Nicole Bacharan is a historian and political scientist specializing in American society and French-American relations. She is a researcher with the National Foundation for Political Science (Science-Po) and a National Fellow at the Hoover Institution at Stanford University in California.
Famous for her books and her TV and radio appearances in France and the United States, she is the author of numerous essays including Faut-il avoir peur de l’Amérique ? (Should We Be Afraid of America?) and Américains-Arabes, l’affrontement (Americans-Arabs, The Confrontation). In collaboration with Dominique Simonnet, she also writes novels in the Némo series.
On September 11, 2001, live from the France 2 evening news show hosted by David Pujadas, she left a mark on French television-watchers when she said “Tonight, we are all Americans,” a phrase repeated the following day in the newspaper Le Monde.
In France, Nicole Bacharan is a radio contributor for Europe 1 on international politics, questions concerning the United States, and transatlantic relations. In the United States, she covers these same topics for The New York Times and The Washington Post, and sometimes appears on CNN and NPR.
From 1997 to 2002, she taught a seminar in English at the Institut d’Etudes Politiques de Paris on contemporary America (The New American Dream). She is also a member of the scientific committee of the Blois Historical Association and the History-Science Commission on Man and Society at the National Book Center.
Diversity or "communautarisme"? Integration the French way, Integration the American way
Many French people are convinced that, far from being united, American society is divided into communities, within which the most disadvantaged are said to be victims of constant discrimination. Depending on their origins, citizens are thought not to have the same rights, with blacks always pushed to the fringes of society. In ghetto neighborhoods, immigrants stay divided into competing groups. And the “races” are tallied up, with varying treatments and quotas applied, which in turn cultivates disparate identities that pose a threat to national cohesion.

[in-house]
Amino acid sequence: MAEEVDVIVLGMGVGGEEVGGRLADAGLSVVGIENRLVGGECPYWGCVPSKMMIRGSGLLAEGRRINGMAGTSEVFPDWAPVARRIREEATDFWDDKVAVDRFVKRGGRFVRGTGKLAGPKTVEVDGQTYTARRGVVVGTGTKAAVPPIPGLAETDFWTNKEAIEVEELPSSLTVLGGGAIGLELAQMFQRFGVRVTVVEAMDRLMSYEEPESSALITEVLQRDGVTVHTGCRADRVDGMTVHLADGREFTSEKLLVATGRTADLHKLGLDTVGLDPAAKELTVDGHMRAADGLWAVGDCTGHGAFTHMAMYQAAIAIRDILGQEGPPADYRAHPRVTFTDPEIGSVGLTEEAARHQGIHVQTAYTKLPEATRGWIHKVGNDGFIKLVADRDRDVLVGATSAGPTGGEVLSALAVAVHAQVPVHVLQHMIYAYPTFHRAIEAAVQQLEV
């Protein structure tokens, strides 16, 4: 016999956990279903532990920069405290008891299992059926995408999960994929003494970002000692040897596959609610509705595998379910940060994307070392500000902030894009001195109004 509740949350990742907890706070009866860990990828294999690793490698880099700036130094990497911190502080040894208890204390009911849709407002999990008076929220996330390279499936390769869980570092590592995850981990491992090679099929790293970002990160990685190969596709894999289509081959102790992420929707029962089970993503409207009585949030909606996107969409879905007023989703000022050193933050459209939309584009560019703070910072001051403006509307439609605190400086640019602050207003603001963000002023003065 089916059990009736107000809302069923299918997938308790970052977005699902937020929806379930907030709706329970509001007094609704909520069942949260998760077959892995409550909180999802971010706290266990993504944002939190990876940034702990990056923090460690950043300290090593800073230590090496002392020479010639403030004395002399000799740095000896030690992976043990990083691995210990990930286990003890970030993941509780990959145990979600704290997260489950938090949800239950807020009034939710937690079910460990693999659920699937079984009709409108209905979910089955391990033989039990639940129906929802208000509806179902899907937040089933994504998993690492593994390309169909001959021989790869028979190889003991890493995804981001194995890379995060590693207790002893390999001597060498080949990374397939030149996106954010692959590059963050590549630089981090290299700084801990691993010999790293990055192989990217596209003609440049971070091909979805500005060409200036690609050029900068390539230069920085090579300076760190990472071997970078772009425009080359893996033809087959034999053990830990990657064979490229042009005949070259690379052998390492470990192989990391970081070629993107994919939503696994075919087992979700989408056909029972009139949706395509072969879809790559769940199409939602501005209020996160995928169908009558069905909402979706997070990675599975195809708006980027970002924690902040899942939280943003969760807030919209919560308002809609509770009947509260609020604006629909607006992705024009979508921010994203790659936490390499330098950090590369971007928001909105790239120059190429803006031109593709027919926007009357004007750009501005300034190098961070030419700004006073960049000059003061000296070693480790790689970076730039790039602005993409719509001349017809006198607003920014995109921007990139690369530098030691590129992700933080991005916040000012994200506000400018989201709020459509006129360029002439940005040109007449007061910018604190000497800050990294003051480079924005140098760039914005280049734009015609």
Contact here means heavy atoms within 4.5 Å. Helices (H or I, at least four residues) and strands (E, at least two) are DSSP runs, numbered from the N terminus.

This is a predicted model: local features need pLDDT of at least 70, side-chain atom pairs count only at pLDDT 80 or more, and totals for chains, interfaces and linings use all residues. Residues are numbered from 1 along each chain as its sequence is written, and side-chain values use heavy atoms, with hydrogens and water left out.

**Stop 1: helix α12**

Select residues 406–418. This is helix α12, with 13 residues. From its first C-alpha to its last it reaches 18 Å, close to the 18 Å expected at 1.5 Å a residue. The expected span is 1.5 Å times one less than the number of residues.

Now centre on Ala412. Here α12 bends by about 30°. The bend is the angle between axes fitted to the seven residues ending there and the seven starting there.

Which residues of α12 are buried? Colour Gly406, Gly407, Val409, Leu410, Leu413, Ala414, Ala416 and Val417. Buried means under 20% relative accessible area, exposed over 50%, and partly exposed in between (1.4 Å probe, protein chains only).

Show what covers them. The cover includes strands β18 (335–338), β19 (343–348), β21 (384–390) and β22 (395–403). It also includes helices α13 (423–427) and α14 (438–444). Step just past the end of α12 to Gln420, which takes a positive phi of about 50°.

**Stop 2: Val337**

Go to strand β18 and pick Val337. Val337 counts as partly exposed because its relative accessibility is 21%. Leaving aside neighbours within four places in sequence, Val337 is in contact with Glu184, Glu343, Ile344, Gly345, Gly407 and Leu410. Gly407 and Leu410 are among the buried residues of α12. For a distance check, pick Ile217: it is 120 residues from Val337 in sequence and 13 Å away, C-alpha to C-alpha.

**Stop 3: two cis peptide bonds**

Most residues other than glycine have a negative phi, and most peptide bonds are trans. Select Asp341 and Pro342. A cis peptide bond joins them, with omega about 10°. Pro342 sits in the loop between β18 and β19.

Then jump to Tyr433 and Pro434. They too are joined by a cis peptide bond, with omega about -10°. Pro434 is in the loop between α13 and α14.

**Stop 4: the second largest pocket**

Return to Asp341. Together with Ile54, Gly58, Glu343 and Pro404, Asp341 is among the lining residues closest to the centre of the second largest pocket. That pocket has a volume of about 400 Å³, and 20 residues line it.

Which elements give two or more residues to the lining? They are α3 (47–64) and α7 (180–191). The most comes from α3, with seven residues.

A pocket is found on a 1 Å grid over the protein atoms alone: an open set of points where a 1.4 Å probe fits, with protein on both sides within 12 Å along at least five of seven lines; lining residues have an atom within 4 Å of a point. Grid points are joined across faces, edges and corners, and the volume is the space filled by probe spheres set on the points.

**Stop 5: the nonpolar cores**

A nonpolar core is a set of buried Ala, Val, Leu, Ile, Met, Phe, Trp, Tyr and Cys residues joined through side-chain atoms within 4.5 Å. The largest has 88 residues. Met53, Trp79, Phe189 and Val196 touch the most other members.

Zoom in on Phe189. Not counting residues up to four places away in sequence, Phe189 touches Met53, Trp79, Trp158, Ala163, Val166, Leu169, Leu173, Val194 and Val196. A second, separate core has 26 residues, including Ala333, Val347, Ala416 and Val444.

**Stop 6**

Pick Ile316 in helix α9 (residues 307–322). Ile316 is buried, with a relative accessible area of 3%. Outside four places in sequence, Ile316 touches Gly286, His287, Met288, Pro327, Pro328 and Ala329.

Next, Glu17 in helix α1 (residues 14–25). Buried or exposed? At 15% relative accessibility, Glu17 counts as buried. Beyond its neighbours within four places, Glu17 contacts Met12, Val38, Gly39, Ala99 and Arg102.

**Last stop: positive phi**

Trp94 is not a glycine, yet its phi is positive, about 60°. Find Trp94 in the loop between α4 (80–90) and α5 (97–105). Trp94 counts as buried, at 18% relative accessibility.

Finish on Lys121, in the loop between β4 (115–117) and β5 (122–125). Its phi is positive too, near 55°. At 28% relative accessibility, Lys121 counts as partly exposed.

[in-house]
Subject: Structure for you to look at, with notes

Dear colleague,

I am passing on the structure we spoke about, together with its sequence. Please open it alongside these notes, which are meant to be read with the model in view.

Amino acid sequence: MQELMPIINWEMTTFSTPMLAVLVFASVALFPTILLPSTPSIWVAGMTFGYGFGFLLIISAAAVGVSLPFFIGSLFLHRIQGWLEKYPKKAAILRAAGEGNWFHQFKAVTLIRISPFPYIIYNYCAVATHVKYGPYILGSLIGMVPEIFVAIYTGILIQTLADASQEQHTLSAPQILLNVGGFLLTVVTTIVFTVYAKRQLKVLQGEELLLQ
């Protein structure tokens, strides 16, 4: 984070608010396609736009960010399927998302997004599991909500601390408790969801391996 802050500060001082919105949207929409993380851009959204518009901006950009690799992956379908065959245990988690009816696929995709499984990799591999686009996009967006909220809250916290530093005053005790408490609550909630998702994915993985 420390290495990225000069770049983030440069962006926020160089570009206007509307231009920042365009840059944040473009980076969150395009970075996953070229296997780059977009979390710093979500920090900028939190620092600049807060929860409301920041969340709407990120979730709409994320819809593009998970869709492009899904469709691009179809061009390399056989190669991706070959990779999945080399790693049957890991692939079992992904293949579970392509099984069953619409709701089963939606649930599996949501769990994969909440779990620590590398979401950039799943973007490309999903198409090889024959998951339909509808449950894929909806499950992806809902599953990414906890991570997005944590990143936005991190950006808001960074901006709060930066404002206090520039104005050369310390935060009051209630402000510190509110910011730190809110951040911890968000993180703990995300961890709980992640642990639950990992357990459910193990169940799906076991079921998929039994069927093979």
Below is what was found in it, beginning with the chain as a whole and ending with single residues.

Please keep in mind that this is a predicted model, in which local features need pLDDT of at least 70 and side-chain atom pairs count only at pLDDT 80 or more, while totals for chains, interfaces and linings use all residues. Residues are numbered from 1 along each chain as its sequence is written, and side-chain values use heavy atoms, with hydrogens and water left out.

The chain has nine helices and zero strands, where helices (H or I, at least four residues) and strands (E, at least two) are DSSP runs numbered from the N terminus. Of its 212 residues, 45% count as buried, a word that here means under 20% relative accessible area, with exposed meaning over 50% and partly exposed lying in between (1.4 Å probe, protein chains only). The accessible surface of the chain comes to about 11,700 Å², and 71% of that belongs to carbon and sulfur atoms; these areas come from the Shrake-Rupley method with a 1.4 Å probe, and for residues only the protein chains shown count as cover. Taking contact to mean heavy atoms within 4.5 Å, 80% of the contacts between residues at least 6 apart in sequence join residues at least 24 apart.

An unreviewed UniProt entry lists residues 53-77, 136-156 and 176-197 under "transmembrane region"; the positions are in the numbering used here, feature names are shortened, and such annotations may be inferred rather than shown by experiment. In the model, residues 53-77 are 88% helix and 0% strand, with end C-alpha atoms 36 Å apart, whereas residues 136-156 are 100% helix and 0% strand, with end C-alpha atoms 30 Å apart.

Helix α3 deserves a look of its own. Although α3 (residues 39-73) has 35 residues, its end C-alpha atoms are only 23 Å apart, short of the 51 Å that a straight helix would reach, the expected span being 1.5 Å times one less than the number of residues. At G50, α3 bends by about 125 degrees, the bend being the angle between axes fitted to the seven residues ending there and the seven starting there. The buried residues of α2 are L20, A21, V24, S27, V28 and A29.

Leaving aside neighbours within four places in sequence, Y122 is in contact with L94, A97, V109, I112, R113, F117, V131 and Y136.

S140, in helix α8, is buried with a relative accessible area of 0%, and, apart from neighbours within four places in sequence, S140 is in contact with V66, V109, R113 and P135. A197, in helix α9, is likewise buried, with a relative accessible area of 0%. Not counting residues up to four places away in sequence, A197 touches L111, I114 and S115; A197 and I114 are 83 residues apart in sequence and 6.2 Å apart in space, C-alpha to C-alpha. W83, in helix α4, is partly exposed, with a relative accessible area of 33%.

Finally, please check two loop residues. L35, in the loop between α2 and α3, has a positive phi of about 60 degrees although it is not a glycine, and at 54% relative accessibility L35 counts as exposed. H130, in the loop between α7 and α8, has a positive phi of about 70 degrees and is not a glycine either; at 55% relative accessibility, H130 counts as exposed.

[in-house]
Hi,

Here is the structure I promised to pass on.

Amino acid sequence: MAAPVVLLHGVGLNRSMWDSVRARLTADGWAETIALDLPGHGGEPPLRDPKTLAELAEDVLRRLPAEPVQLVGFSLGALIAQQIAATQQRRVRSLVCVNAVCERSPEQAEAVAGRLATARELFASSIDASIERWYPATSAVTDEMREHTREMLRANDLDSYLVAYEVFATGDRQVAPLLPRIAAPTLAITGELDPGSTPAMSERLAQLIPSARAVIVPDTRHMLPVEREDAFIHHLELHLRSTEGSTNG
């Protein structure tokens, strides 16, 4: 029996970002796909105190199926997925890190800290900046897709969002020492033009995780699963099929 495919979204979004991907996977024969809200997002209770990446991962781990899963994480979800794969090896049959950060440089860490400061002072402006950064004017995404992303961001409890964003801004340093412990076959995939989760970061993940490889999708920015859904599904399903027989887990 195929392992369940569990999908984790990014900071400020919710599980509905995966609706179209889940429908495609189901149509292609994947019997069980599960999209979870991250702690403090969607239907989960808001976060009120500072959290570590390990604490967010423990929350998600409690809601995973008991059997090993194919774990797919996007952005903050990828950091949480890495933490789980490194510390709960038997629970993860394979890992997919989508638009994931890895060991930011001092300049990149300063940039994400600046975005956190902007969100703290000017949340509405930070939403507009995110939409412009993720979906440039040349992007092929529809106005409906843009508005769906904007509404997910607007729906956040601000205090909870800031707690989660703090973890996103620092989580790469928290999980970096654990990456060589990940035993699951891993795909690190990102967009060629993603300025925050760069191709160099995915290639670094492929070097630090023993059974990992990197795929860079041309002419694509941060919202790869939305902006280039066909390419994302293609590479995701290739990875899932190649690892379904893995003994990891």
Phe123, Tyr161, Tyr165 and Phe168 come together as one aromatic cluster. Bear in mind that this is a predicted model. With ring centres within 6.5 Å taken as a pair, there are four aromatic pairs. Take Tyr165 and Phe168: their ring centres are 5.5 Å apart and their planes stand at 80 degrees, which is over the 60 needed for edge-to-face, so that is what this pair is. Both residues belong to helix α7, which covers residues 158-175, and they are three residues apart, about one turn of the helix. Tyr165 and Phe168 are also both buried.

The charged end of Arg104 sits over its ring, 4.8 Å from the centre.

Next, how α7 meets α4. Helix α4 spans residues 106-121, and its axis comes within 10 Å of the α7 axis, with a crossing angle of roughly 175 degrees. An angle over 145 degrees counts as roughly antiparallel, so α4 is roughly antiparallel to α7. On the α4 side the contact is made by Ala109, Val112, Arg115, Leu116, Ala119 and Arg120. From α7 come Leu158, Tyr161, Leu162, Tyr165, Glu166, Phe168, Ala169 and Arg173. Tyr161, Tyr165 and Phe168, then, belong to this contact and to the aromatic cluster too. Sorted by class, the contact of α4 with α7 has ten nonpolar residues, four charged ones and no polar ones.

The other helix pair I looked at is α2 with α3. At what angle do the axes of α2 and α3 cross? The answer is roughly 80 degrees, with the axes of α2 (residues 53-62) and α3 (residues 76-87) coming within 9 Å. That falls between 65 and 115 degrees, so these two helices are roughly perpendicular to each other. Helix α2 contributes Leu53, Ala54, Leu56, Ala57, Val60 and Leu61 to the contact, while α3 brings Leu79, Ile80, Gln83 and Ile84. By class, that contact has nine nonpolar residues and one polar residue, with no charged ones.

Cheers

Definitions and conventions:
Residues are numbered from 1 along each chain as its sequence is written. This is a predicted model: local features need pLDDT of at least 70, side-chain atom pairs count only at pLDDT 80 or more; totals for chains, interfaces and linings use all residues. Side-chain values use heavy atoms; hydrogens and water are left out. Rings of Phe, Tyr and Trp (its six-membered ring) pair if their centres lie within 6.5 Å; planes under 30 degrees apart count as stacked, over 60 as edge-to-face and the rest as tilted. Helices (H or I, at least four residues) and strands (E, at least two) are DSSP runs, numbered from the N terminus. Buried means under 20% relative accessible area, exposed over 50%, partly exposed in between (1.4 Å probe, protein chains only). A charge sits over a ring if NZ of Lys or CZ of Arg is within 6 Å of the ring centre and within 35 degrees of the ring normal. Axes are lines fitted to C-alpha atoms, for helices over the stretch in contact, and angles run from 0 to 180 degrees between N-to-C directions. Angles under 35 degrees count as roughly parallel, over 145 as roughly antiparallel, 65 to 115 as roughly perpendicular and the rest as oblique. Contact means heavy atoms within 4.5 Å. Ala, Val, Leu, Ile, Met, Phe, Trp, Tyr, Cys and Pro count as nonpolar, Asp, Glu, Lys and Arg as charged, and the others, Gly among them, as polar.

What is the real situation? What is the reality of affirmative action, which, strangely, is translated into French as “positive discrimination”? How does it work? What are the results?
France has often denounced “American communalism” by making it the model to avoid. But does the French model work better? Is France truly the country of equal rights where each citizen is integrated, irrespective of gender, religion, or ethnicity? Is it fair, or in keeping with the republican ideal, to refuse to take into account citizen’s gender or race – which also has the effect of making it impossible to take a poll on the real situation of minorities? In the name of important principles, doesn’t France run the risk of achieving the very opposite of what is sought? The unprejudiced comparison of the French and American systems holds some surprises, and allows us to learn useful lessons for better integration.
Should we be afraid of America?
The history of French anti-Americanism predates the birth of the United States. Nevertheless, the “Bush years” have caused an unprecedented revival of this old French passion. In the aftermath of September 11, some pointed a finger at a guilty America, a source of threats and eager for confrontations. The war in Afghanistan, but still more the war in Iraq, has reinforced that hostility.
Does America conform to the image some French people voluntarily assign it: arrogant, violent, unfair, imperial, set on its convictions, so sure of its democratic model that it wants to impose it over the whole earth?
With power soon to change hands in the White House (and an election that is rousing a passionate reaction from the French), American democracy needs a truth serum, objectively and with no taboos. Does the American Dream still have meaning in the era of terrorism and war? Is religion slowing taking control? Is the country of the death penalty and Guantanamo really a democracy? Has America betrayed its ideals? Does it want to dominate the world? In short, should we be scared of it?
Franco-American rapprochement: towards a new transatlantic relationship?
For many French people, the American “hyper-power” could pose a global threat, and, as such, they believe they must keep their distance. In this way, we create the false image of a France that is different, a France that alone holds the recipe for democracy and the defense of diversity and cultures against U.S. hegemony. Breaking with that systematic defiance, the first visits by president Sarkozy to the United States were criticized as signs of allegiance.
Has France gone from independence to submission? Is it a temporary appeasement or a true rapprochement between old allies? Will the Atlantic alliance come apart under the pressure of a “continental drift” that will continue distancing the United States from the Old World? Or, on the contrary, is the relationship soundly based on shared values and interests?
Despite their differences, France and the United States share not only the same ideals (democracy and human rights) and the same problems (those of an open society), but also the same enemies. Terrorism, nuclear proliferation, violence in the Middle East, and China and Russia’s excesses do not threaten only Americans, and the United States cannot face them alone. How is it possible to even imagine an effective fight against global warming without American cooperation?
With the upcoming election of a new American president, isn’t this the time to reshape the European-American alliance and to create a new transatlantic relationship that is based on openness, balance, and clarity?
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